Four years after the Christchurch earthquakes, New Zealand’s South Island still welcomes LGBT travellers with open arms, incredible views, and a renewed energy.
Does New Zealand’s South Island show us the future of LGBT equality?
It seems an unlikely question as you search for places to meet and mingle with the local queers in Christchurch, a city of 375,000 that is still recovering from the earthquakes of 2010 and 2011. But as it rebuilds its devastated core, Christchurch also seizes the opportunity to redefine itself for the future, including LGBT residents and visitors.
While New Zealand has long been known for its relaxed, progressive attitudes, the South Island has remained more traditional than its cosmopolitan neighbour. Designated gay bars, clubs and cruise venues are scarce, and with Christchurch still rebuilding, it’s hard to see that number growing any time soon. Yet as you travel around the island, meeting the locals and taking in the jaw-dropping scenery in every direction, you may start to wonder if dedicated LGBT venues would have that much to contribute here. In a land dotted with smallish towns, where most couldn’t care less about who you love or sleep with, is such passive acceptance the ultimate future of LGBT equality?
New Zealand is blessed not only with accepting attitudes, but with some of the most beautiful mountain and coastal drives in the world. Both the resort towns of Queenstown and — the lesser known, more local — Wanaka boast spectacular lakeside locations with plenty of adventure and tourism options. Neither has an official queer bar or venue, since the LGBT community largely mixes with everyone else. So LGBT visitors will rarely experience overt discrimination or feel in any way unwelcome.
Those wanting the ultimate queer celebration in the Southern Alps should book early for Queenstown’s Gay Ski Week. The Southern Hemisphere’s biggest winter Pride event turns this beautiful resort town into a snowy gay wonderland every late August to early September. The week’s events calendar is packed with activities to help even non-skiers get the most out of the region. Helicopter trips, snowshoe treks and zip-lines through the snow-covered forests are just some of the attractions on offer, but budget travellers beware — Queenstown is New Zealand’s most expensive destination at any time of year, and those adrenaline-pumping highlights add up quickly. Still, there’s no better way to see one of the country’s most beautiful regions, while meeting some like-minded queer friends along the way.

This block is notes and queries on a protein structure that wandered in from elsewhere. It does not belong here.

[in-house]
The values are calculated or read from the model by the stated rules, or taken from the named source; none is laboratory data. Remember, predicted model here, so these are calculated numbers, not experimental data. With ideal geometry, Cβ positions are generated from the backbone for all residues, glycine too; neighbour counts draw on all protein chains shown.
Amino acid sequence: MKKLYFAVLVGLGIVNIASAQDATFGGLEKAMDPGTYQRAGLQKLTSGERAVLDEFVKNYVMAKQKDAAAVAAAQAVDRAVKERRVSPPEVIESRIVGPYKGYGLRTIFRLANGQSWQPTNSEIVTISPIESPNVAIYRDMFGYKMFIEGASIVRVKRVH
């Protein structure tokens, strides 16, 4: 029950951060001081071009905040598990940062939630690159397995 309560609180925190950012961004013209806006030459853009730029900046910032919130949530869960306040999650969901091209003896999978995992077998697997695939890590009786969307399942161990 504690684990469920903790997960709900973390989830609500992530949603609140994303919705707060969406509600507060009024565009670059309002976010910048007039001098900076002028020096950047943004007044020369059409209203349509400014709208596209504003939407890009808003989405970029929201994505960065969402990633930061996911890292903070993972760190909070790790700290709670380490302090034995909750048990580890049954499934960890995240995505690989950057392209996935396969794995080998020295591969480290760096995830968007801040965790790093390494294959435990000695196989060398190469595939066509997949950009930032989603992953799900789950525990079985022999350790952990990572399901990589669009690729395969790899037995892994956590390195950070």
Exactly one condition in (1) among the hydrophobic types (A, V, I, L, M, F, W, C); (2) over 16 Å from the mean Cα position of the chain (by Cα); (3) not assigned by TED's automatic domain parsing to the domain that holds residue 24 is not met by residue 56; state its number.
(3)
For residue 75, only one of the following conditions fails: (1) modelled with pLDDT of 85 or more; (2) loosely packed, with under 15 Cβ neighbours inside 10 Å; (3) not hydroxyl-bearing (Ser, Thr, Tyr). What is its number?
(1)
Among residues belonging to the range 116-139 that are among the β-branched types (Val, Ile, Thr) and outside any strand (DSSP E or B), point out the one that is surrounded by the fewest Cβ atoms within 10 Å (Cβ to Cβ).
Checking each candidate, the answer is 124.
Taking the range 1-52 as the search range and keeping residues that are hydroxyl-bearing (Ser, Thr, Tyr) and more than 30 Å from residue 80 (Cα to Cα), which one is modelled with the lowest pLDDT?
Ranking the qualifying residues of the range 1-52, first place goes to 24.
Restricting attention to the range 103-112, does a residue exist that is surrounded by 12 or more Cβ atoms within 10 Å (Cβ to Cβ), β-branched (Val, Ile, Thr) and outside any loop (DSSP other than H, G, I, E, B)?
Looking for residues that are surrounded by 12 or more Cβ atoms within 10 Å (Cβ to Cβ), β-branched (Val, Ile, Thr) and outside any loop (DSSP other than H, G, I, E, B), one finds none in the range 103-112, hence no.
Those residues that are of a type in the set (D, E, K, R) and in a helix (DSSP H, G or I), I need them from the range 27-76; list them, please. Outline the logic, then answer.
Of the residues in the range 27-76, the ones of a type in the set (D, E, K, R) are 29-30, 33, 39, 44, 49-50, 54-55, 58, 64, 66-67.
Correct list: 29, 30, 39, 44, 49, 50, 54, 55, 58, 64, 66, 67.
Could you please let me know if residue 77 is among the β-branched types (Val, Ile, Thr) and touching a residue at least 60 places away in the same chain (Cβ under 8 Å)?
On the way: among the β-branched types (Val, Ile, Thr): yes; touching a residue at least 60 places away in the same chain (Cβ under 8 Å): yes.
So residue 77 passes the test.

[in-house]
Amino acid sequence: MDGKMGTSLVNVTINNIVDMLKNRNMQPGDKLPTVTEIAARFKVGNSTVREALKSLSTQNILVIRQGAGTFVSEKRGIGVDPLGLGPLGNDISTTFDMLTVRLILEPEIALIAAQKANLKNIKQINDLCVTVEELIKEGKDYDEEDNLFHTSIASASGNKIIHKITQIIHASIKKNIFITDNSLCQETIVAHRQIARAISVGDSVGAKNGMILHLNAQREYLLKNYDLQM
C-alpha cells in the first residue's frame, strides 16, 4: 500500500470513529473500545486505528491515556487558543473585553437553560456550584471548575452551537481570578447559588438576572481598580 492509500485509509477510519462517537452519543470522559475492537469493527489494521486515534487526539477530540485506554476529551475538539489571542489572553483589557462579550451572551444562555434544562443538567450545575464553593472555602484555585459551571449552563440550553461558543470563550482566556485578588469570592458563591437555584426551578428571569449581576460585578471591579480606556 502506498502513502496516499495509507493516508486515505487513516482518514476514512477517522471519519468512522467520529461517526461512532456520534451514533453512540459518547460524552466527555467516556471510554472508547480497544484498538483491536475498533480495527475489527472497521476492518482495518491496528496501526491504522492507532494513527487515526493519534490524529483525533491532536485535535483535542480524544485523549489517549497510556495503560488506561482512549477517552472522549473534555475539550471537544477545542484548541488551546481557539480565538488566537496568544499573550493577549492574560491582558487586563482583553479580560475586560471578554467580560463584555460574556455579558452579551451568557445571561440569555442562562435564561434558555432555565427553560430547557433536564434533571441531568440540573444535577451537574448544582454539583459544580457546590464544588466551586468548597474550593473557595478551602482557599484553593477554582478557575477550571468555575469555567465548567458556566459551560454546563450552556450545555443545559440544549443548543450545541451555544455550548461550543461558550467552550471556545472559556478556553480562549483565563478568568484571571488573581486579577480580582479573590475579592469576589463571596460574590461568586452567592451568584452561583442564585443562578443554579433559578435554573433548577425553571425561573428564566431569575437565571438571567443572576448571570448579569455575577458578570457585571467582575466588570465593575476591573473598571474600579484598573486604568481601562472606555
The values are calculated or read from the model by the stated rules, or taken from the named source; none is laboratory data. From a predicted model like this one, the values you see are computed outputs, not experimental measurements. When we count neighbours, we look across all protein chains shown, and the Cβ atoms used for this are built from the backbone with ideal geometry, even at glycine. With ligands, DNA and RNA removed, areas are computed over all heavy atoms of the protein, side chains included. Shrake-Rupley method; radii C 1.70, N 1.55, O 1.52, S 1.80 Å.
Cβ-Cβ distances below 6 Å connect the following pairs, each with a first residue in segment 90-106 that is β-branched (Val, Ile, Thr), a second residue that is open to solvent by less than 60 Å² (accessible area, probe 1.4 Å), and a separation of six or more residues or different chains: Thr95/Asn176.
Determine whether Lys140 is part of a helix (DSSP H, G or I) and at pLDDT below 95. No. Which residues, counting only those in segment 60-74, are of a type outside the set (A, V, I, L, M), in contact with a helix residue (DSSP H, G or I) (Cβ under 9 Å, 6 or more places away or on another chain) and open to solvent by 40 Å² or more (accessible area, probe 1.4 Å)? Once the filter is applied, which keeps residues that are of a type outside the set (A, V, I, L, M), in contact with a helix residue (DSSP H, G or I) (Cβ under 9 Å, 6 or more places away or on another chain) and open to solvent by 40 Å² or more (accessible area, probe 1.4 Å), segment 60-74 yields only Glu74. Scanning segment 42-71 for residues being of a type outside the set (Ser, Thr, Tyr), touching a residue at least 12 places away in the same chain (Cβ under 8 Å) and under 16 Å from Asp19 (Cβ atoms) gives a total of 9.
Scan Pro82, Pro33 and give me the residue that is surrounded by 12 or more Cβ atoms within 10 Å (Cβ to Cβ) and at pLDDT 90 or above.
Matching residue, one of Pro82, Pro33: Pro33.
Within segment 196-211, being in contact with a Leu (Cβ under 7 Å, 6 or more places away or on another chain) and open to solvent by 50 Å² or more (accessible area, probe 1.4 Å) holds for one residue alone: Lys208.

Christchurch, however, should still be the start of your adventure. Even post-disaster, it’s the South Island’s cultural core and has embraced quake-recovery tourism in a big way. Explore the innovative Re:Start Mall for a look at the city’s ambitious rebuild plan, a taste of local street food, and creative arts and fashion. You can learn more about the disaster at Quake City, a moving museum exploring not just the events of 2010–2011, but New Zealand’s ongoing, unavoidable relationship with its fault lines. Numerous pop-up art projects are scattered throughout downtown, weaving a path of quirky optimism in between the sombre, demolished city blocks.
A wander through the expansive Canterbury Museum will put some perspective on your trip. Learn about the South Island’s natural, Maori and colonial history, New Zealand’s Antarctic discoveries and brace yourself for the explosion of kitsch that is Fred and Myrtle’s Paua Shell House. The couple’s living room has been lovingly rebuilt here, complete with walls filled with beautiful paua shells and other twee Kiwiana. It’s an eccentric highlight that captures the trademark Kiwi irreverence that charms visitors right away.
Given the number of bars and clubs that were shuttered or demolished after the quakes, Christchurch’s queer scene, such as it is, has made a remarkably fast comeback. LGBT nightclub Cruz claims the distinction of being the first nightclub to reopen. Its small, but new location opposite Christchurch Casino offers a lively mix of new and classic dancefloor fillers, friendly staff and a relaxed, welcoming vibe. As far as LGBT venues go, it’s fairly generic, being the only LGBT gig in town for now. A mix of straight patrons has become the norm on Friday and Saturday nights, so arrive prepared to accept that as the city rebuilds, dedicated queer spaces may be a ways off, if they return at all.
Also back in record time is the city’s cruising scene. Menfriends is a laid-back, well-maintained new sauna. Attracting a wide mix of guys in a relaxed atmosphere, this is perhaps the current cruising ground of choice for guys steering clear of apps. The Box is an older style of cruise club with dedicated swingers nights. Both can be found a little outside the downtown core, though if you’ve rented a car – something that is highly recommended for exploring New Zealand – this won’t be a problem.
University town Dunedin lays claim to the world’s steepest street, Baldwin Street, where the annual Jaffa race cements New Zealand’s commitment to eccentricity. You might also pay a visit to Otago Peninsula, or the supposedly haunted Larnach Castle. Dunedin even has a cruise club, Bodyworks, right in the centre of town — but the social side of LGBT life rests mostly with local community organizations. The same can be said of Invercargill in the Southland region, and Nelson in the island’s North, which is well worth visiting for the surrounding wine regions and Abel Tasman National Park.
Outside of Gay Ski Week, New Zealand’s South Island may not top a traditional list of queer destinations. But for those open to more than nightlife, the southern half of the Great White Cloud might be the perfect queer-friendly feast for the senses, offering just a taste of a future where LGBT folk are seamlessly accepted as another part of nature in all its beauty — something the South Island knows plenty about.